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Eli Lilly Pauses COVID-19 Antibody Therapy Study Over Unspecified Safety Issues

American pharmaceutical firm Eli Lilly and Company on October 13 announced the suspension of its COVID-19 antibody treatment over unspecified safety issues.

Eli Lilly

American pharmaceutical firm Eli Lilly and Company on October 13 announced the suspension of its COVID-19 antibody treatment over unspecified safety issues. Eli Lilly spokesperson told Fox News on Tuesday that the trial was put on hold due to safety concerns after the company received a recommendation from US regulators. The trial was testing the safety and effectiveness of COVID-19 antibody therapy developed by the company. 

Read: Johnson & Johnson Halts COVID-19 Vaccine Trial Due To 'unexplained Illness' In Participant

Eli Lilly's antibody therapy has been funded by the United States Department of Health through the National Institute of Allergy and Infectious Diseases (NIAID), which is part of the National Institute of Health (NIH). The study was testing whether Eli Lilly's investigational antibody-based drug would benefit COVID-19 patients if given with Gilead's Remdisivir, an antiviral drug being used in the treatment of severe COVID-19 patients. A similar treatment was also given to US President Donald Trump when he was diagnosed with the viral disease on October 2.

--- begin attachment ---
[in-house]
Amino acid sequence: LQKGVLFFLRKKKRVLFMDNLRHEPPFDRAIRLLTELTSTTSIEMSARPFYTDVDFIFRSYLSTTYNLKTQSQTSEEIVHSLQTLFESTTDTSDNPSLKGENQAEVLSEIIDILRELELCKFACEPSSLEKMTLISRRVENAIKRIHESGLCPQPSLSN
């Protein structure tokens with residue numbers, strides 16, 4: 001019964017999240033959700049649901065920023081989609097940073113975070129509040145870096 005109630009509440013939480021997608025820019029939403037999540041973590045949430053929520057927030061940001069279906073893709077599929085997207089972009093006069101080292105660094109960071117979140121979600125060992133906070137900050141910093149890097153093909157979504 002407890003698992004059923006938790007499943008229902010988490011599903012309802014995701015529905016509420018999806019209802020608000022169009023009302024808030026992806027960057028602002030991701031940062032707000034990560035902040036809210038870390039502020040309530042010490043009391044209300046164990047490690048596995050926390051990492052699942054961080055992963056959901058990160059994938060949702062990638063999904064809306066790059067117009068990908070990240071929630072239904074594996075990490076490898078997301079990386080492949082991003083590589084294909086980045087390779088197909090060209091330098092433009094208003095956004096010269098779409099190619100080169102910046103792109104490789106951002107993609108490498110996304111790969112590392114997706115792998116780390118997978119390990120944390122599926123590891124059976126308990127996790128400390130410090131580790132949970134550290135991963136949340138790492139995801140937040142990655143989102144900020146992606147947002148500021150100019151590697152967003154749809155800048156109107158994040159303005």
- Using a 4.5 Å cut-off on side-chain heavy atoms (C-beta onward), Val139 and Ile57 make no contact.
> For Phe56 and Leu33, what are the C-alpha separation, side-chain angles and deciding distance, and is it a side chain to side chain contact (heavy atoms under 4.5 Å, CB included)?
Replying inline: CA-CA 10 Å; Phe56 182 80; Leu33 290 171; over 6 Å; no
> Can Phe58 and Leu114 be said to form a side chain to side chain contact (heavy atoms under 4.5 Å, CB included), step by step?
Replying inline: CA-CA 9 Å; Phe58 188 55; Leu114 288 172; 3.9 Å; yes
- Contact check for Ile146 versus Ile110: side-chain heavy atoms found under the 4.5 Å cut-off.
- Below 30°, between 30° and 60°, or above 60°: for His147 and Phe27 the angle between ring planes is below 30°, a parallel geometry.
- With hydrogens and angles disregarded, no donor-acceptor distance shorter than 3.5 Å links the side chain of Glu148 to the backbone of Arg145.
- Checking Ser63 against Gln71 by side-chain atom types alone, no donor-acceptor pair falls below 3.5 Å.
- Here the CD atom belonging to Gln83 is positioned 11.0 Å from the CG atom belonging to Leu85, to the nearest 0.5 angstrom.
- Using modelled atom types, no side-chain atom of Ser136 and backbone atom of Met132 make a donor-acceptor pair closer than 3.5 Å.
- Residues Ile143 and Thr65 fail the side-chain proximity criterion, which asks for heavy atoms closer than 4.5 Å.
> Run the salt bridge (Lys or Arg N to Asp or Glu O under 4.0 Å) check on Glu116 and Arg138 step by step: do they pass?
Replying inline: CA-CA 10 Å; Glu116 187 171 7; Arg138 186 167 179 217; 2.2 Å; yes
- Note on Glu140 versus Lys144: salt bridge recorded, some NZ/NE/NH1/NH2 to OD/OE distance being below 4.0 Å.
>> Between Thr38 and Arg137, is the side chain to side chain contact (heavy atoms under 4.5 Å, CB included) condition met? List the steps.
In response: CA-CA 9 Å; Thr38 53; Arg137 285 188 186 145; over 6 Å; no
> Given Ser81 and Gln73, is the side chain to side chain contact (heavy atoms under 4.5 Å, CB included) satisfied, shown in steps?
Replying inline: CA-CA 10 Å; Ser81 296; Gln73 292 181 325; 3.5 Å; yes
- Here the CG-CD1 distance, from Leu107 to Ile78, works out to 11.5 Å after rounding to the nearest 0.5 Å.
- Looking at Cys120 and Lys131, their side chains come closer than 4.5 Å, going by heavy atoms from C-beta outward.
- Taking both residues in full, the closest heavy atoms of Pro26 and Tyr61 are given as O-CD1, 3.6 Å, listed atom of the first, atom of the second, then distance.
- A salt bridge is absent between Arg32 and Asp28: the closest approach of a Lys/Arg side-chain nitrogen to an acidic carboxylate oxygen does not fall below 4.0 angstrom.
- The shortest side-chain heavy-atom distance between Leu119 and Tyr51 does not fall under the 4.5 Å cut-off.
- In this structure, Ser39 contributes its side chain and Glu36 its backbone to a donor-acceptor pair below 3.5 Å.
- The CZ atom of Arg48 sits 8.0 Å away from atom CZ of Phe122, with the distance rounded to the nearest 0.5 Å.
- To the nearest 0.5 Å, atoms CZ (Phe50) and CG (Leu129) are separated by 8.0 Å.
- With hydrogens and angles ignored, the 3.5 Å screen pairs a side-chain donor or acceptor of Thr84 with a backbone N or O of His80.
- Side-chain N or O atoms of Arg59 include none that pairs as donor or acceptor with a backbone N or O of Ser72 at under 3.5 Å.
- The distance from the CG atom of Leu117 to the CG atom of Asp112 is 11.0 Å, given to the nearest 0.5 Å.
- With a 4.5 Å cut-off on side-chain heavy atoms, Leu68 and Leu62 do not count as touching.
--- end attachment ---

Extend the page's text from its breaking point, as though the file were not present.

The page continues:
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Board to review data again

According to the National Institute of Allergy and Infectious Diseases, 326 patients were enrolled in the study programme before it was paused on Tuesday. The study was paused after a data review of 300 patients by an independent board. The safety board has also recommended continuing the follow-up process with the patients enrolled in the study and data will be once again analysed later this month. 

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On October 12, Johnson & Johnson also suspended the trial of its COVID-19 vaccine citing unspecified illness in participants. Last month, AstraZeneca, the frontrunner in COVID-19 vaccine development, had also temporarily paused the trial of its vaccine that it developed in partnership with Oxford University. The trial was suspended after participants reported side-effects. The trial was later resumed and is currently ongoing. 

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